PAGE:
Mikaela Shiffrin makes podium in first race since Olympics


Mikaela Shiffrin finished second in her first race since the Olympics, breaking her tie with Petra Vlhova for the World Cup overall standings lead.

“After the last couple of weeks, I really appreciate this,” said Shiffrin, who had a best Olympic finish of ninth in five individual events. “I’ve been actually pretty awful to be around with my team. They’re trying to lift me up a bit. Not because of the Olympics, but of course it’s a big part of it. It’s just been heavy. Everything felt really, really heavy on my mind and on my heart.

“I finally just actually enjoyed skiing for a day. I just want to focus on that.”

France’s Romane Miradoli was the surprise super-G winner in Lenzerheide, Switzerland. The 27-year-old’s best previous individual finish in 126 World Cup starts was fifth.

Shiffrin, .38 of a second behind, notched her best super-G result since Jan. 26, 2020, when she won in her last race before her father’s death.

Olympic champion Lara Gut-Behrami was third.

ALPINE WORLD CUP: Full Results | Broadcast Schedule

Vlhova was 18th, so Shiffrin took a 67-point lead in a close competition for the overall title, the biggest annual prize in ski racing combining results in all disciplines over the World Cup season.

A notable spectator was Roger Federer, who met with skiers including Shiffrin at the bottom of the course. Federer and Shiffrin share a sponsor in Barilla and have appeared in a commercial together.

There are seven more races scheduled in the 37-race season, starting with a giant slalom in Lenzerheide on Sunday.

Shiffrin won three consecutive World Cup overall titles in 2017, 2018 and 2019. Vlhova is the reigning champion.

With a fourth crown, Shiffrin can tie Lindsey Vonn for second place in women’s history, trailing only Austrian Annemarie Moser-Pröll, who won six in the 1970s.

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Lucas Braathen, world’s top male slalom skier, in doubt for world championships

Lucas Braathen

Norway’s Lucas Braathen, the world’s top male slalom skier this season, is doubtful to compete in the world championships slalom on Feb. 19 after appendix surgery on Tuesday.

“It’s been a tough couple of days fighting after surprisingly finding out about quite an intense infection on my appendix,” Braathen, a 22-year-old soccer convert with a Brazilian mom, posted on social media. “I’ve been through surgery and I’m blessed that it went successfully.”

The Norway Alpine skiing team doctor said Braathen’s recovery will take a few weeks, but there is a small possibility he can make it back for the world championships slalom, which is on the final day of the two-week competition.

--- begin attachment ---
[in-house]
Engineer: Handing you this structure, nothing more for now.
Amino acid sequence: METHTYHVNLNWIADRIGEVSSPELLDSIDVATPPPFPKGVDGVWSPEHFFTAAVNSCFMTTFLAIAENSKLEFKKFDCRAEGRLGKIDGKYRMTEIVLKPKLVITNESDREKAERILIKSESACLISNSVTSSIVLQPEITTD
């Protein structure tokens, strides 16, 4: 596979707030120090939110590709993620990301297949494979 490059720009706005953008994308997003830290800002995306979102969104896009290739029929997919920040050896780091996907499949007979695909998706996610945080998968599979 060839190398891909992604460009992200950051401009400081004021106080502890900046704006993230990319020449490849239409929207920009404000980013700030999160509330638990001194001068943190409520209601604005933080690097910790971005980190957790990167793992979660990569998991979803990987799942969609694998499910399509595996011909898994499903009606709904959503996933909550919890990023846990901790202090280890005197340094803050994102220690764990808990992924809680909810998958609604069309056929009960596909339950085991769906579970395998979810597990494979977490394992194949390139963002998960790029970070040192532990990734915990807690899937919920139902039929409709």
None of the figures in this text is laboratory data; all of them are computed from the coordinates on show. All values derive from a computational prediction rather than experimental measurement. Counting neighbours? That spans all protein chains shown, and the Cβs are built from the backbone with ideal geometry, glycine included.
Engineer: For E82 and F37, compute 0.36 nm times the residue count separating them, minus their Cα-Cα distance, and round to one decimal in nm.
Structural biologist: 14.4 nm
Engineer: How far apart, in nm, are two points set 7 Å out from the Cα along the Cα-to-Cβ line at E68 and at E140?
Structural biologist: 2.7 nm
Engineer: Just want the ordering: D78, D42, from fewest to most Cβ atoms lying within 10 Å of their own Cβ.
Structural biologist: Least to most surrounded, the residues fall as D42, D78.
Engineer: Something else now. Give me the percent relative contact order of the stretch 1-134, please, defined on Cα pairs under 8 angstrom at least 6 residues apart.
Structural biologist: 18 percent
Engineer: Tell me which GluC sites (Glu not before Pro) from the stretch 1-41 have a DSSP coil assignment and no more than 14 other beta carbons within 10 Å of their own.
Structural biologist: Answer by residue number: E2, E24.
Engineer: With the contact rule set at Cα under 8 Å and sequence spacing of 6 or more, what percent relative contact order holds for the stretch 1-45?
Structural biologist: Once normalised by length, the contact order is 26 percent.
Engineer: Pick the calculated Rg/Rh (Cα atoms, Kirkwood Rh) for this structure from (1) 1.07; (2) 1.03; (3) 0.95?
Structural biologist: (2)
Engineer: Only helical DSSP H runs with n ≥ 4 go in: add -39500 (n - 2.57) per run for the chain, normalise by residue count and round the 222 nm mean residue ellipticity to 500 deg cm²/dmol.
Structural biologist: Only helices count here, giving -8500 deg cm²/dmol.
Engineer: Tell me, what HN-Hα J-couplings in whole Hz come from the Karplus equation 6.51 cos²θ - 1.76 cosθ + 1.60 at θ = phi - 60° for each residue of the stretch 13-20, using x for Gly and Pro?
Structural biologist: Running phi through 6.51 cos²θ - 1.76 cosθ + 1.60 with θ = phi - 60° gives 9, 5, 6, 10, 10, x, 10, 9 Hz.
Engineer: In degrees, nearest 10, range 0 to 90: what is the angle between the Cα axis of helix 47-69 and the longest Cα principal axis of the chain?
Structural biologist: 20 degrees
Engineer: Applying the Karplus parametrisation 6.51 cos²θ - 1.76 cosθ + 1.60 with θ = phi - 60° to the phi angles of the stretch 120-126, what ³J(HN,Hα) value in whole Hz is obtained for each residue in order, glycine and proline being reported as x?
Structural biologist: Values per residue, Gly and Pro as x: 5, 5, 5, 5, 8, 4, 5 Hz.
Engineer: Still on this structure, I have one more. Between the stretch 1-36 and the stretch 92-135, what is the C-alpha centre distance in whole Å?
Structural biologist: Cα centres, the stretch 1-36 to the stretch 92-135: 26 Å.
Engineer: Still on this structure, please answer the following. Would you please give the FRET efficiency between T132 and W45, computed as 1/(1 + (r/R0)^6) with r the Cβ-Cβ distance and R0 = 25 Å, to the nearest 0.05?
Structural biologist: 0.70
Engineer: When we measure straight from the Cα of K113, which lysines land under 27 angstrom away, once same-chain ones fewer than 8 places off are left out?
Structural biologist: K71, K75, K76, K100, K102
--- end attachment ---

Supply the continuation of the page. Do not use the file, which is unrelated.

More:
Braathen has two slalom wins and one giant slalom win this World Cup season. He will miss Saturday’s slalom in Chamonix, France, the last race before worlds. Countryman Henrik Kristoffersen and Swiss Daniel Yule can overtake him atop the World Cup slalom standings in Chamonix.

Braathen entered last year’s Olympics as the World Cup slalom leader and skied out in the first run at the Games.

ALPINE SKIING WORLDS: Broadcast Schedule

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Sifan Hassan sets marathon debut

Sifan Hassan

Sifan Hassan, who won 5000m and 10,000m gold and 1500m bronze at the Tokyo Olympics in an unprecedented triple, will make her 26.2-mile debut at the London Marathon on April 23.

Hassan, a 30-year-old Dutchwoman, said she will return to the track after the race, but how the London Marathon goes will play into whether she bids for the Olympic marathon in 2024.

“I want to see what I can do on the marathon distance, to make future decisions,” she posted on social media. “We’ll see if I will finish the distance or if the distance will finish me.”

Exhausted by her Olympic feat, Hassan reportedly went at least seven months after the Tokyo Games between training in track spikes. She finished fourth in the 10,000m and sixth in the 5000m at last July’s world championships in Eugene, Oregon.

“I really needed a break after the Tokyo Olympics,” Hassan said at worlds. “I was mentally crashed. I didn’t even care about running.”

London, billed as the best women’s marathon field in history, also boasts Olympic champion Peres Jepchirchir of Kenya, world record holder Brigid Kosgei of Kenya, 2016 Olympic 10,000m champion Almaz Ayana of Ethiopia, 1500m world record holder Genzebe Dibaba of Ethiopia and the two fastest Americans in history, Emily Sisson and Keira D’Amato.

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